Cape Town – Western Cape communities will have time to voice their concerns before a decision is made on whether to close 27 under-performing schools, Education MEC Donald Grant said on Wednesday.
“The final decision to close a school rests with me… but before any decision of this nature is made, prescribed public participation procedures and processes must be followed,” he said.
The relevant school governing bodies had been notified of possible closure and had until Friday to make written and oral representations. Grant would then decide whether to proceed with the closure and, if so, arrange a public hearing to allow the communities to state their case.
These hearings were expected to take place from September.
“The reasons for considering schools for possible closure will differ on a case-by-case basis, as each school has unique circumstances within which it operates,” he said.
“Some of these reasons include… ageing school infrastructure, dwindling learner numbers and persistently poor learner outcomes.”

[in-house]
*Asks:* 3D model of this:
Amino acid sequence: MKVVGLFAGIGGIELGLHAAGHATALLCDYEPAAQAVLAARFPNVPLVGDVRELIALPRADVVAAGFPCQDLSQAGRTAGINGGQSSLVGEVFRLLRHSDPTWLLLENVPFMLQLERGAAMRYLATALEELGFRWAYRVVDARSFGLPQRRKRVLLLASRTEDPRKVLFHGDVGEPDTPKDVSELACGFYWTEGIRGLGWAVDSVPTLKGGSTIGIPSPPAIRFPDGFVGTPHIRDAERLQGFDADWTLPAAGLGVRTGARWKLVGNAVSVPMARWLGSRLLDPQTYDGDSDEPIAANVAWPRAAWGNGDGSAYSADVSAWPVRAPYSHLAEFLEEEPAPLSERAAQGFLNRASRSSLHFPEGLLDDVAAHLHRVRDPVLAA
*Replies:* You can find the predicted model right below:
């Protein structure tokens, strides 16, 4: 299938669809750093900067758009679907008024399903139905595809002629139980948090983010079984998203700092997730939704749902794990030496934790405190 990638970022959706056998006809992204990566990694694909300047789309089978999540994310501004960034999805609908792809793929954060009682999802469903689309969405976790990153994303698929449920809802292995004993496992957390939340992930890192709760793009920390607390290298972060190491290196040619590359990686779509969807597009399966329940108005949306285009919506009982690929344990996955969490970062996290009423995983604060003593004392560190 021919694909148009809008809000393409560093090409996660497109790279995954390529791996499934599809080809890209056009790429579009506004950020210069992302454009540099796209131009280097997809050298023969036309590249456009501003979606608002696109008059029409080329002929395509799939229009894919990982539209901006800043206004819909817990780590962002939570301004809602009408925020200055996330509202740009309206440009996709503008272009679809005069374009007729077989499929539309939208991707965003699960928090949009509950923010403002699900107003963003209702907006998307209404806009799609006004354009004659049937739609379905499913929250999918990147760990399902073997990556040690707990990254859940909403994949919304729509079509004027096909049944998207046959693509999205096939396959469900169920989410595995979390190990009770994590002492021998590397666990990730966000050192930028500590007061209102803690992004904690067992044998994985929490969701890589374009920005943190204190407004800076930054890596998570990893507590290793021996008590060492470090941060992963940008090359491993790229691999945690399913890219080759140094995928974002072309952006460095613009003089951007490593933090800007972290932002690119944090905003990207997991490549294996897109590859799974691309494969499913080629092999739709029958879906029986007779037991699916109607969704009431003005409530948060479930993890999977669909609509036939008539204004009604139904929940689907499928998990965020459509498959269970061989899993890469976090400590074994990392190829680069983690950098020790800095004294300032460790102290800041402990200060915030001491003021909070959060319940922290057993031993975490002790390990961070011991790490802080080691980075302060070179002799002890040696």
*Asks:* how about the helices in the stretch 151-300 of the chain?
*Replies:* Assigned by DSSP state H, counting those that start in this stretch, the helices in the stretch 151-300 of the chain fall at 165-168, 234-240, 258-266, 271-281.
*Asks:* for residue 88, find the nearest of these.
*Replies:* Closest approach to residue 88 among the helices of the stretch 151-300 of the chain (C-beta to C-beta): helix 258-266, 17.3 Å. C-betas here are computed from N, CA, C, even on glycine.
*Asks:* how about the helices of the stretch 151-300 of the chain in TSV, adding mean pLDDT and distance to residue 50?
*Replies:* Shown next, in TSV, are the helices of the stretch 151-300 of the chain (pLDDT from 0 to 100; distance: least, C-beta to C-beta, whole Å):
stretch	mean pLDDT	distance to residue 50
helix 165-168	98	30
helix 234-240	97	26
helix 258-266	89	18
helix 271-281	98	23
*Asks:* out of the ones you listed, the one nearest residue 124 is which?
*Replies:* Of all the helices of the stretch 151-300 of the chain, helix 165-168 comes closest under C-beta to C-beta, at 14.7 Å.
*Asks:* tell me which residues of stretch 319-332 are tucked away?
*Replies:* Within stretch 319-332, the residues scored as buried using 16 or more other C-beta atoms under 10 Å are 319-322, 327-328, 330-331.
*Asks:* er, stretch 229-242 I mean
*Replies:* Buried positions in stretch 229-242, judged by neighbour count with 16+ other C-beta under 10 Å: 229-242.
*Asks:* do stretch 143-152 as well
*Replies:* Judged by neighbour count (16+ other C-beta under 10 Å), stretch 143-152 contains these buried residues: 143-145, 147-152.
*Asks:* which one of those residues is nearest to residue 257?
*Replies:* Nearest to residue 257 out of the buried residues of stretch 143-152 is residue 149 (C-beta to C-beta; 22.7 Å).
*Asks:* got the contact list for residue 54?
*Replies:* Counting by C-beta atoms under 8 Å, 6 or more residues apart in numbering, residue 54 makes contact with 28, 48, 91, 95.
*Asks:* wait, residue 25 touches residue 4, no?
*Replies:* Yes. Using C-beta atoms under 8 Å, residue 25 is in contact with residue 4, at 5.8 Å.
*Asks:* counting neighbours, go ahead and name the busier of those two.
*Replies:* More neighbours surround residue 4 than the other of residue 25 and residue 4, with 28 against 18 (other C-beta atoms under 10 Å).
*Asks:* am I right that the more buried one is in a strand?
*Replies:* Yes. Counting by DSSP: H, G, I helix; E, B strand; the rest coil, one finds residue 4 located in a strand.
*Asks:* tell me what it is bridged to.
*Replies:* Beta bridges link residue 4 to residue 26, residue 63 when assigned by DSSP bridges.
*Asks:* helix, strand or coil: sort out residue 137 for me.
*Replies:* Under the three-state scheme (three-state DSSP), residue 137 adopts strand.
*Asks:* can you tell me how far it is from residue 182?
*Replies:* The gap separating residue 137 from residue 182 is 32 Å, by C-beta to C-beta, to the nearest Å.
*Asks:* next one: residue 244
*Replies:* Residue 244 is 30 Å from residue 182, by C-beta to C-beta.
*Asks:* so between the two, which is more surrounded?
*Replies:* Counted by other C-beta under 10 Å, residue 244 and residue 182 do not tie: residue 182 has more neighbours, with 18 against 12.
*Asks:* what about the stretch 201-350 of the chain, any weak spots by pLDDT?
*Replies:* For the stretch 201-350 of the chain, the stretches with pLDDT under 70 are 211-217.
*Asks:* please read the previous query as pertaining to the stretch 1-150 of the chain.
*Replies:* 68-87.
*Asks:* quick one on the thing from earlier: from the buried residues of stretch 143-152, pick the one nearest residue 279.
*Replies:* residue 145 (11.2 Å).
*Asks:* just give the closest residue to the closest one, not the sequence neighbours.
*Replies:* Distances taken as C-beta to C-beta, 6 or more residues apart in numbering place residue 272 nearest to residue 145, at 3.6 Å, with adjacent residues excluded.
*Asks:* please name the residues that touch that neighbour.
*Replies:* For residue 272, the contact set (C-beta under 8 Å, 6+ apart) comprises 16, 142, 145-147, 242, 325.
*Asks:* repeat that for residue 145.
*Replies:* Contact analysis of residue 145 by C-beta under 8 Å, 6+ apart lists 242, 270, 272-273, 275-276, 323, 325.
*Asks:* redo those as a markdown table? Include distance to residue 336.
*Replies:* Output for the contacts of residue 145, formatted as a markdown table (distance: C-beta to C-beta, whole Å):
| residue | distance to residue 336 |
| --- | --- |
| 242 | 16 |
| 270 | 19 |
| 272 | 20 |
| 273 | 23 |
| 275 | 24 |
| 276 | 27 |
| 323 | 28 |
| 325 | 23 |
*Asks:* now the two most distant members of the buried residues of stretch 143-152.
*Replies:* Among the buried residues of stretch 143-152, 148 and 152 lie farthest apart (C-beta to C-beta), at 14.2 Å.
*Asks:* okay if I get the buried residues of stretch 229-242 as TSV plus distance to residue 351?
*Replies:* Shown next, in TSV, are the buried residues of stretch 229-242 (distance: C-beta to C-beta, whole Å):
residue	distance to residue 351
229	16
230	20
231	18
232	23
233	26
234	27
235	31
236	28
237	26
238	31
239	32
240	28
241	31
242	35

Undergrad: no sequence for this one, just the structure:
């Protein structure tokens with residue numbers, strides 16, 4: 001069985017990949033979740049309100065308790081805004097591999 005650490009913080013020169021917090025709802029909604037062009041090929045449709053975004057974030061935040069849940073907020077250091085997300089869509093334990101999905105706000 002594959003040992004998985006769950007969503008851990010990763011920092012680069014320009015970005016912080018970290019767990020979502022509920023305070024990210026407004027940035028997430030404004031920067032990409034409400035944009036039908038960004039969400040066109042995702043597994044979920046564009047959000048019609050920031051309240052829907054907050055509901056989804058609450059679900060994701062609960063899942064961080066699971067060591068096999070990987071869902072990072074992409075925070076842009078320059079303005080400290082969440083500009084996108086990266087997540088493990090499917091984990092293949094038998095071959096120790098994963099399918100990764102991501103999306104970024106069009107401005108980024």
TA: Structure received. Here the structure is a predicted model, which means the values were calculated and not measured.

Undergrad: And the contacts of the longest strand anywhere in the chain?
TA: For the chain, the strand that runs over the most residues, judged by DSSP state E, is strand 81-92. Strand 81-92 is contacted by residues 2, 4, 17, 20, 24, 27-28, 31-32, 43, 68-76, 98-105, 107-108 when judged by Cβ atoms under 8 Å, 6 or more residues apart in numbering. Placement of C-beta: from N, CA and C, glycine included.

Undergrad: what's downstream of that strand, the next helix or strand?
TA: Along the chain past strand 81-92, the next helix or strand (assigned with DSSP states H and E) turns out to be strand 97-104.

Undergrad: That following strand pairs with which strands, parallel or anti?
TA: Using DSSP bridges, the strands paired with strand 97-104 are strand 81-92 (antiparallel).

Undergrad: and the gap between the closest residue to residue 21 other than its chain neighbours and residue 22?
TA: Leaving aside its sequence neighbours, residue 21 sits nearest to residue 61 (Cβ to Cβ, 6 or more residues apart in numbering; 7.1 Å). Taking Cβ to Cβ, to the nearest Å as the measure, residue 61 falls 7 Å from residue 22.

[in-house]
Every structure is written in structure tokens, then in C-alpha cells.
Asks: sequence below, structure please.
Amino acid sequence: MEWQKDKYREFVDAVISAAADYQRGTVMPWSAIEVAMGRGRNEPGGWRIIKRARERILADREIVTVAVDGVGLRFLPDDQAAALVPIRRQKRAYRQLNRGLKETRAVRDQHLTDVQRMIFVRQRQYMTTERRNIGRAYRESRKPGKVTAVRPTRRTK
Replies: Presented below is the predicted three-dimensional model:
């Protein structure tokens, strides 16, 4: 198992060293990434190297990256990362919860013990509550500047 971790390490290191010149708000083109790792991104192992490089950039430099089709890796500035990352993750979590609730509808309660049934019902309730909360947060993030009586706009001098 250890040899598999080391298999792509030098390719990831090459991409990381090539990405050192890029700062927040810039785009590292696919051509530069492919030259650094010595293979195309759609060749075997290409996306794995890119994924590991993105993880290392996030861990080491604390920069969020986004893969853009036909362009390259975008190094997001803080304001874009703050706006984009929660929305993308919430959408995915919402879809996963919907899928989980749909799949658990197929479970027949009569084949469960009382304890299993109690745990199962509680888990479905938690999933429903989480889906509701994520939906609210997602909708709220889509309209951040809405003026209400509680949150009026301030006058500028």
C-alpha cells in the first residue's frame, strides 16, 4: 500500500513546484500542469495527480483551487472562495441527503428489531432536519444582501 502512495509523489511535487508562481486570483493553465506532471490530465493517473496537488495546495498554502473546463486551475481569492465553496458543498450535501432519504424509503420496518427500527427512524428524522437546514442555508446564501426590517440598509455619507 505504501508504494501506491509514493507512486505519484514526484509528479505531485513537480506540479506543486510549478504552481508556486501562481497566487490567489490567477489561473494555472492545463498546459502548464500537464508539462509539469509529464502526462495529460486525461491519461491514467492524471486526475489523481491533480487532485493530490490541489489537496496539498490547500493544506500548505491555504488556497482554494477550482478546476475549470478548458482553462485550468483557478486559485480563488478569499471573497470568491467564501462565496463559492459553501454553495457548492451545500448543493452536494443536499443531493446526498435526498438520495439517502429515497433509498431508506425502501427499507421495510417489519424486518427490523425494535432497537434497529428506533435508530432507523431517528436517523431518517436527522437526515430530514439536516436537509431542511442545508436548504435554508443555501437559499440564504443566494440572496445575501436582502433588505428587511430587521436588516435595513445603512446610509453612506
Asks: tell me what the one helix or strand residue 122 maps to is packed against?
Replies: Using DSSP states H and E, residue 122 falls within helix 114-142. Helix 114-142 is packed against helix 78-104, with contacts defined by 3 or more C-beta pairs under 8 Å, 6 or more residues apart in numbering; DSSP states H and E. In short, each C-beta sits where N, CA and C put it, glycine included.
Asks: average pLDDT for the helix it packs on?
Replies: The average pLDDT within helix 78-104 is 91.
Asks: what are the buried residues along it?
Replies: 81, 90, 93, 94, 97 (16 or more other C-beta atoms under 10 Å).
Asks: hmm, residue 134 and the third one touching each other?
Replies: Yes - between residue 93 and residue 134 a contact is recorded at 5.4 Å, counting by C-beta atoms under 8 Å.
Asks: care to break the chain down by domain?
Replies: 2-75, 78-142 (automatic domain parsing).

Grant said the decision to close a school was not taken lightly and he cared about each pupil, regardless of race.
However, parents should not worry about where their children would go as the department was building new schools and replacing old ones.
“To date, the department has completed the building of 23 new schools and has replaced eight schools,” Grant said.
By 2013, the province would have built 26 new schools and replaced 21. This amounted to about 57 000 pupils that could be accommodated.
He said the province had dramatically decreased the number of under-performing schools since 2009, as defined by the national government.
In 2009, 85 schools were identified. This dropped to 78 in 2010 and 30 in 2011.
Grant said it would take between five and 10 years to “play catch-up” to where the department wanted to be.
Cape school closures not definite: Grant